Jeff Bezos's space firm Blue Origin is suing Nasa over a decision to award a $2.9bn (£2.1bn) lunar lander contract to Elon Musk's SpaceX.
The former Amazon boss's firm said there were "fundamental issues" with the deal, calling it unfair.
The row stems from a decision in April to hand the deal to one company, not two as expected, because of a funding shortfall.
Nasa is yet to comment, but it has the backing of a federal watchdog.
In a court filing on Friday, Blue Origin said it continued to believe that two providers were needed to build the landing system, which will carry astronauts down to the Moon's surface as early as 2024.
It also accused Nasa of "unlawful and improper evaluation" of its proposals during the tender process.
"We firmly believe that the issues identified in this procurement and its outcomes must be addressed to restore fairness, create competition and ensure a safe return to the Moon for America," Blue Origin said.
At the time of the award, Nasa's human exploration chief, Kathy Lueders, admitted that the space agency's current budget precluded it from selecting two companies. That was after Congress granted it only $850m of the $3.3bn it requested for the project.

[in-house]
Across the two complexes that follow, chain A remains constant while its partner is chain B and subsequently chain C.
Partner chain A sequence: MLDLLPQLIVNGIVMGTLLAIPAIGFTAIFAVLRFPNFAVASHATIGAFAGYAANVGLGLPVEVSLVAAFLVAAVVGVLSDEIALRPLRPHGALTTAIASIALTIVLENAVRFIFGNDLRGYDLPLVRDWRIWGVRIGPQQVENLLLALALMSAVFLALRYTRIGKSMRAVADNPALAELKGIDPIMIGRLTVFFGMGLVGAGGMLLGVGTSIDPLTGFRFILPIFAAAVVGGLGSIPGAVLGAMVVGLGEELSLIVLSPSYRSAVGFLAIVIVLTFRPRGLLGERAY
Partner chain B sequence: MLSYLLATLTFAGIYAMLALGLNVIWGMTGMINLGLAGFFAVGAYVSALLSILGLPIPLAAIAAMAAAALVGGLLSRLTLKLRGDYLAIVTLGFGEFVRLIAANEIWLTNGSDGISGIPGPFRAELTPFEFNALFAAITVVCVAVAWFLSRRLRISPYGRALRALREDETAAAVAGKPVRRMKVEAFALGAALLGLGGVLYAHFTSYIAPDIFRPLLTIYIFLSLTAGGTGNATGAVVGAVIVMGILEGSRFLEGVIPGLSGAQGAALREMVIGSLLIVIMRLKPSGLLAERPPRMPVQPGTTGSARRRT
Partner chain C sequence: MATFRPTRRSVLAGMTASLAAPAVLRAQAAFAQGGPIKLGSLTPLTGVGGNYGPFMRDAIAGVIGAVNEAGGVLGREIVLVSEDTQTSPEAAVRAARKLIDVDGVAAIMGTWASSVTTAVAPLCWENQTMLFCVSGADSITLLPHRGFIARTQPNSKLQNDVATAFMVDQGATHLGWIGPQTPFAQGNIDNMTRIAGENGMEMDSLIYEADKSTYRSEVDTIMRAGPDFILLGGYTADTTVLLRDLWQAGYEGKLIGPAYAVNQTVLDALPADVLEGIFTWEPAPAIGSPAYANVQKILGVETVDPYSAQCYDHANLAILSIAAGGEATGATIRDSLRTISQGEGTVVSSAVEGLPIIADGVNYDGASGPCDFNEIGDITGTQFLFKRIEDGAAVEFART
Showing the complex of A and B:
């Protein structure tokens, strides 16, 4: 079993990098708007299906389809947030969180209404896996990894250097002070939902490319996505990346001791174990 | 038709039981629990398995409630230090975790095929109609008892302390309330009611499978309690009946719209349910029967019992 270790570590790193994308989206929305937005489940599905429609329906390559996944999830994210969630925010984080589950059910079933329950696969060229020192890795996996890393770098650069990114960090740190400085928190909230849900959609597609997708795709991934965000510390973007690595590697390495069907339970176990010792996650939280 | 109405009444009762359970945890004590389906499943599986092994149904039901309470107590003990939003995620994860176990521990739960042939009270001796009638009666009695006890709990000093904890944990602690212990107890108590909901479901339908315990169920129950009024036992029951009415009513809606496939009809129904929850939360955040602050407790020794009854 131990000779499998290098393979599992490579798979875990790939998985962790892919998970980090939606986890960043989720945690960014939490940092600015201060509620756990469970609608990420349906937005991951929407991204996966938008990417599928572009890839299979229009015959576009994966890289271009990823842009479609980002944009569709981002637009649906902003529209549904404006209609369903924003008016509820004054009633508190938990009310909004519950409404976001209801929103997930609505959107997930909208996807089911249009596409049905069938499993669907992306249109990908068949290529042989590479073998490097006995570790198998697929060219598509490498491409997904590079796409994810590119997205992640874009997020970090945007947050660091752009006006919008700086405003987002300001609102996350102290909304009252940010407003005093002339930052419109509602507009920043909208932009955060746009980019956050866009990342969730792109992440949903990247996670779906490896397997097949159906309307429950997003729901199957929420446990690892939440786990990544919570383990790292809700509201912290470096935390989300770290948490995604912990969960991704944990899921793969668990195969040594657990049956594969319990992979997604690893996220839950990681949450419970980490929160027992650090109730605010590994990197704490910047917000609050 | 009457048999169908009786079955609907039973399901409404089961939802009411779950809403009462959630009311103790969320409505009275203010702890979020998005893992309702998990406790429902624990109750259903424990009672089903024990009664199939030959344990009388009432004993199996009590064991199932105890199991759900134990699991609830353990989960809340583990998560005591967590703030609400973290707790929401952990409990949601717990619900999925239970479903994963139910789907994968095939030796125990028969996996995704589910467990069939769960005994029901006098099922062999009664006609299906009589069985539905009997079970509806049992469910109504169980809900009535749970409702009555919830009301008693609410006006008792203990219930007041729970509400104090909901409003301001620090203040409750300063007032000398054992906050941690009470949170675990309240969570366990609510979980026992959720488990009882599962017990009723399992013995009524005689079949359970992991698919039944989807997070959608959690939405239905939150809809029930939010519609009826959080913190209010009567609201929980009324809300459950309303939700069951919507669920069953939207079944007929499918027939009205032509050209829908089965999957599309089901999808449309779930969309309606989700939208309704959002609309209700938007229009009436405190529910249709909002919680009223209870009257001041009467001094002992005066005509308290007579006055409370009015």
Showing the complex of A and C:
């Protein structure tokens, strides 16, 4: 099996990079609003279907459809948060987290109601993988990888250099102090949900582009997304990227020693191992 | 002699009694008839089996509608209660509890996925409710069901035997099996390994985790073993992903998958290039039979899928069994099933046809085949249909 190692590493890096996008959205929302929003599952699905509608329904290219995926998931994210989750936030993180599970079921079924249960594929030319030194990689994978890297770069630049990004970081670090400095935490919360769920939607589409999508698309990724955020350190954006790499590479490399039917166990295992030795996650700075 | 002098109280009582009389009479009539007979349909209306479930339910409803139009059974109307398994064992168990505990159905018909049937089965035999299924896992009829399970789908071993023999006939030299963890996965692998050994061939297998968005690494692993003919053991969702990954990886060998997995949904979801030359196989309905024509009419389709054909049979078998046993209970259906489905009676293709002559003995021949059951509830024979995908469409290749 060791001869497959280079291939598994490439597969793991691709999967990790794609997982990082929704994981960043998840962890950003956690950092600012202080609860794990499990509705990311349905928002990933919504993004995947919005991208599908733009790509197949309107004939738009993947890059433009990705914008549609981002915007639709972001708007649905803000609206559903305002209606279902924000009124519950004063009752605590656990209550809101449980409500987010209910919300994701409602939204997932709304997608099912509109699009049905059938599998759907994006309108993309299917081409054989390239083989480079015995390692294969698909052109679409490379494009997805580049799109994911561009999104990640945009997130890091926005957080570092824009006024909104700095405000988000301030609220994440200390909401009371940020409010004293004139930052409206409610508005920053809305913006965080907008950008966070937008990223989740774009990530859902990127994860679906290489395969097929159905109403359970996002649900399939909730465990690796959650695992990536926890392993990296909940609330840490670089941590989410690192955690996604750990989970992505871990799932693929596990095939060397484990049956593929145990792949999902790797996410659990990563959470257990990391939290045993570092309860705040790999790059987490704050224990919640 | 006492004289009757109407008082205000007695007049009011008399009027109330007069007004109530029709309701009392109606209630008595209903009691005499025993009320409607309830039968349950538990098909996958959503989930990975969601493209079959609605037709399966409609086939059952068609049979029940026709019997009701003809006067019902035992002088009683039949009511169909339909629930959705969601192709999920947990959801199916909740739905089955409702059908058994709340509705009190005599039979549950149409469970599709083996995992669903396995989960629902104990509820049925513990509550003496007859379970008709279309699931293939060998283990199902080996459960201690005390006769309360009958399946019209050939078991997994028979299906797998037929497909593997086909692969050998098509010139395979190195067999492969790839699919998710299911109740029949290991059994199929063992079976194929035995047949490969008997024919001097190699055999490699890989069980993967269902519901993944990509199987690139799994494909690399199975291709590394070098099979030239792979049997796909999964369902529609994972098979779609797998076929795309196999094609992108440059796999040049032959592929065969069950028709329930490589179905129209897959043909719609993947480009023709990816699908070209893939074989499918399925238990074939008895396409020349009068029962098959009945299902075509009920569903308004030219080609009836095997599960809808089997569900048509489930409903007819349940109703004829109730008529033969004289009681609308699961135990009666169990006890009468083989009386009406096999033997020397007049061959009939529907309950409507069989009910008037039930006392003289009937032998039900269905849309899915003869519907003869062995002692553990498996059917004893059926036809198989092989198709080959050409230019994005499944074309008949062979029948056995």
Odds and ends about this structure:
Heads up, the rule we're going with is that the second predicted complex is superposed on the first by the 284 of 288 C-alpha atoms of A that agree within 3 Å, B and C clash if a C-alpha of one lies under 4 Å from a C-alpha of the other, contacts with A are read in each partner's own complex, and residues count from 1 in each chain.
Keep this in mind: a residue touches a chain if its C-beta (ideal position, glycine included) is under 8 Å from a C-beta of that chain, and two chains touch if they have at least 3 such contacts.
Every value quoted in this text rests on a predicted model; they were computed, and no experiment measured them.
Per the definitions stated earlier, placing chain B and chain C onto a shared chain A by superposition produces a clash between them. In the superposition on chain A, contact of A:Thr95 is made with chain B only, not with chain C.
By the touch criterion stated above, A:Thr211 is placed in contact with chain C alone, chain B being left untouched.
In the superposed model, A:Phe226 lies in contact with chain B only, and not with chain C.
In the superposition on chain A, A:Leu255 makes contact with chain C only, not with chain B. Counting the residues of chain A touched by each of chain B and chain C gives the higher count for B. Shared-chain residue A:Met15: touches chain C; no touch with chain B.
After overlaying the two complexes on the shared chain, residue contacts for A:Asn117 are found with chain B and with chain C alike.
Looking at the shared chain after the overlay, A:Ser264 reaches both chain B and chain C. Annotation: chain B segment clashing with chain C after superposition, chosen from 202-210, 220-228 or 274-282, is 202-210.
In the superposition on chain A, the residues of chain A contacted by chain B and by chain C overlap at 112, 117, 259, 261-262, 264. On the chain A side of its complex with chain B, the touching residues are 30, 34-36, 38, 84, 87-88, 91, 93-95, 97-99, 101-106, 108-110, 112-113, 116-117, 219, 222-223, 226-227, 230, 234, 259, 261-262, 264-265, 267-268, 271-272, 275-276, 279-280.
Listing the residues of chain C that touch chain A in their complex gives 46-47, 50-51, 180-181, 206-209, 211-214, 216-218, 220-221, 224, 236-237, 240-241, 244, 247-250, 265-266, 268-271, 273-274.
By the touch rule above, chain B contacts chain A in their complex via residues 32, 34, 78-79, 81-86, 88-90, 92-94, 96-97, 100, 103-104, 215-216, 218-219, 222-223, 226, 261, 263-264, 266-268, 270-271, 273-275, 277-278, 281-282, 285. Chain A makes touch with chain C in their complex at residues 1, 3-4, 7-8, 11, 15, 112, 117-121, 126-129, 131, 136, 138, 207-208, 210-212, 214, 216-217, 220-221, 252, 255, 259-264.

Nasa also cited the proven record of orbital missions by Elon Musk's SpaceX firm as a factor in the award. Cost is also thought to have played a role: SpaceX's bid was the lowest-priced by some distance.
In July, Mr Bezos offered to cover up to $2bn of Nasa's costs in order to be reconsidered for the contract, but he was rebuffed.
US watchdog the Government Accountability Office (GAO), meanwhile, rejected a complaint from Blue Origin and defence contractor Dynetic, saying that Nasa had not "acted improperly" in handing the contract to just one firm.
Nasa must file a response to the legal action by 12 October. SpaceX is yet to comment on the lawsuit.
Under its Artemis programme, Nasa hopes to return humans to the moon for the first time since 1972.
In April, Ms Lueders said: "This critical step puts humanity on a path to sustainable lunar exploration and keeps our eyes on missions farther into the solar system, including Mars."